Avens works at the National Oceanic and Atmospheric Administration’s Beaufort Laboratory researching sea turtles. Part of her job involves working with pound net fishermen in nearby Core Sound, who often find wayward sea turtles in their nets. Turtles and fish typically don’t die in pound nets, which are wide and open at the top. The lab pays fishermen for their time so Avens can accompany them and study any sea turtles hanging out in the nets.

“Most sea turtle studies are conducted on the beach,” she explains. “This gives us a rare chance to study sea turtles in the water.”

Avens says she began contacting other researchers and questioning locals when Core Sound pound netters started reporting large quantities of a strange grass in their nets. She quickly deduced that the mystery “plant” was animal grass.

“The general consensus is that it has been around [Core Sound] before, but it has never been this bad,” she says. “This has been by far the worst year. It takes up the whole net so nothing can get in it, and it so heavy it sometimes knocks the nets down. It has been a huge hardship for fishermen.”

In 2006, the commercial southern flounder fishery brought in more than 2 million pounds at a value of nearly $5 million. The fishery occurs mostly during the late spring through the fall in sounds and rivers using gill nets and pound nets, according to Bob Hines, fisheries specialist for North Carolina Sea Grant. Pound netters depend heavily on southern flounder for the fall “run” of flounder, he explains.

But the N.C. Division of Marine Rsheries (DMF) usually closes the fishery by Dec. 1 each year because of concerns about overfishing. And, in 2007, the National Marine Rsheries Service shut down the flounder gill net fishermen in Hyde, Tyrell and Dare counties because of too many interactions with sea turtles, a federally protected species.

“Some estimates said that these fellows lost 25 percent of their livelihoods when the fishery was closed,” Hines says. “As one fishermen explained it to me: ‘Locally, you have just a few ‘hustles’ in which you can make money. Flounder fishing was one of those and closure took that away.'”

Ballance agrees, noting that he and other southern flounder fishermen felt squeezed by both government regulations and Mother Nature this year.

“We knew about the closures, but we were blindsided by the environment,” he says, referring to the destructive animal grass and warm water temperatures. Normally, autumn’s chillier water signals adult flounder to migrate out through the inlets into the ocean to spawn.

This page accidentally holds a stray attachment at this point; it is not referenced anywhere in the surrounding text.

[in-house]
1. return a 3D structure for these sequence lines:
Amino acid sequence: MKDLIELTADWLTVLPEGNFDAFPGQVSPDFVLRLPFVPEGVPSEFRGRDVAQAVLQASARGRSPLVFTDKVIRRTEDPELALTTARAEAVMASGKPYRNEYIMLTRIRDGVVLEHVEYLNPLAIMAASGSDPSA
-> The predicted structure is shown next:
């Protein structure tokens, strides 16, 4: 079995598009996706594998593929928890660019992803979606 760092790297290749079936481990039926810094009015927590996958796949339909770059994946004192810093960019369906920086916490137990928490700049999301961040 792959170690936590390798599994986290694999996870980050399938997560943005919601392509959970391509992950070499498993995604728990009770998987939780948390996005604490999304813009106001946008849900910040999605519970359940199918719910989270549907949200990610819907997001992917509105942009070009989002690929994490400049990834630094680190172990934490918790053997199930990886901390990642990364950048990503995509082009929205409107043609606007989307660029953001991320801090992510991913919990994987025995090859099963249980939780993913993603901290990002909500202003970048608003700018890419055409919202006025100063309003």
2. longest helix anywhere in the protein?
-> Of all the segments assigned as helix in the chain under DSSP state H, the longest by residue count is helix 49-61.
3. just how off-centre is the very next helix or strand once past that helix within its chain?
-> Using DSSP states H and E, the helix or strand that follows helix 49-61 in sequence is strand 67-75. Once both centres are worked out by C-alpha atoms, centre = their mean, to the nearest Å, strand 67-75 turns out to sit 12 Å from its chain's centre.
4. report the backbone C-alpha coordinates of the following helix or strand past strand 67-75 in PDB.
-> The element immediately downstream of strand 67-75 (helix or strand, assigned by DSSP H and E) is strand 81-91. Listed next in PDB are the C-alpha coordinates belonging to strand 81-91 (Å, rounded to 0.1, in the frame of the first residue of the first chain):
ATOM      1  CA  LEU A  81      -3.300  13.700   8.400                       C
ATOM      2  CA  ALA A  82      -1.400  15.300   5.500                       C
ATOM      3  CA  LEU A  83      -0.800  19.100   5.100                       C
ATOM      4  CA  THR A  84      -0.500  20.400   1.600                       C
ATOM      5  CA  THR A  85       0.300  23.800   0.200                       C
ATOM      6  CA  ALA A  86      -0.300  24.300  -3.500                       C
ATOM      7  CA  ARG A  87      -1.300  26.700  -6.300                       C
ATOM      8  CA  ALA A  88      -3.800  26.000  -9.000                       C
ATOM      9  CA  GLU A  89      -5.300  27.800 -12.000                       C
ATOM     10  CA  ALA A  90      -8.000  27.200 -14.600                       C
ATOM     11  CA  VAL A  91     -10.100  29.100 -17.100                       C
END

At the end of November, in light of poor landings in October, the DMF heeded pleas from fishermen and extended the southern flounder season by 14 days.

“Now that water temperatures have dropped and more flounder are available, we hope this move will help fishermen with their catch,” says David Taylor, fisheries manager for the DMF.


Fishermen weren’t the only ones befuddled by the nuisance bryozoan. Some beachcombers noticed it too, especially the stench, Hathaway says.

“Because it’s an animal, it really stinks when it dies — unlike a rotting dead plant smell, which isn’t too bad!” she explains.

Still, boater Rob White was more taken aback by the bryozoan’s abundance than its odor.

White, owner of Good Fortune Sailing Charters in Beaufort, says he started seeing large amounts of an unusual grass-like substance in the water near Cape Lookout in August.

Assuming it was an alga, the coastal ecology tour guide used a plant key and decided it must be slime grass.

But by the second week in September, White could no longer reach the barrier island because the plant-like material was so thick.

It fouled the anchor, forcing White to jump in the water.

“It was like swimming in noodle soup,” he says. “There was a lot more weed than water.”

White also claims to have seen large amounts of what he now believes was animal grass stacked up on the west beach of Cape Lookout, from the jetty on the north end to the power station spit.

“I’m a biologist out in the field for 40 years and I’ve never seen anything like it,” he says. By mid-November, water temperatures in Core and Pamlico Sounds and the ocean finally dropped, some much needed rain blessed the state, and the nuisance began to disappear.

“Once the water temperatures dipped below 70 degrees, it went away,” Folb observes.

“It’s amazing, it was everywhere and now it’s gone,” Ballance adds. “It’s like it self destructed or something.”

And Ballance — along with Folb, White and many others — hopes it never comes back.

This article was published in the Winter 2008  issue of Coastwatch.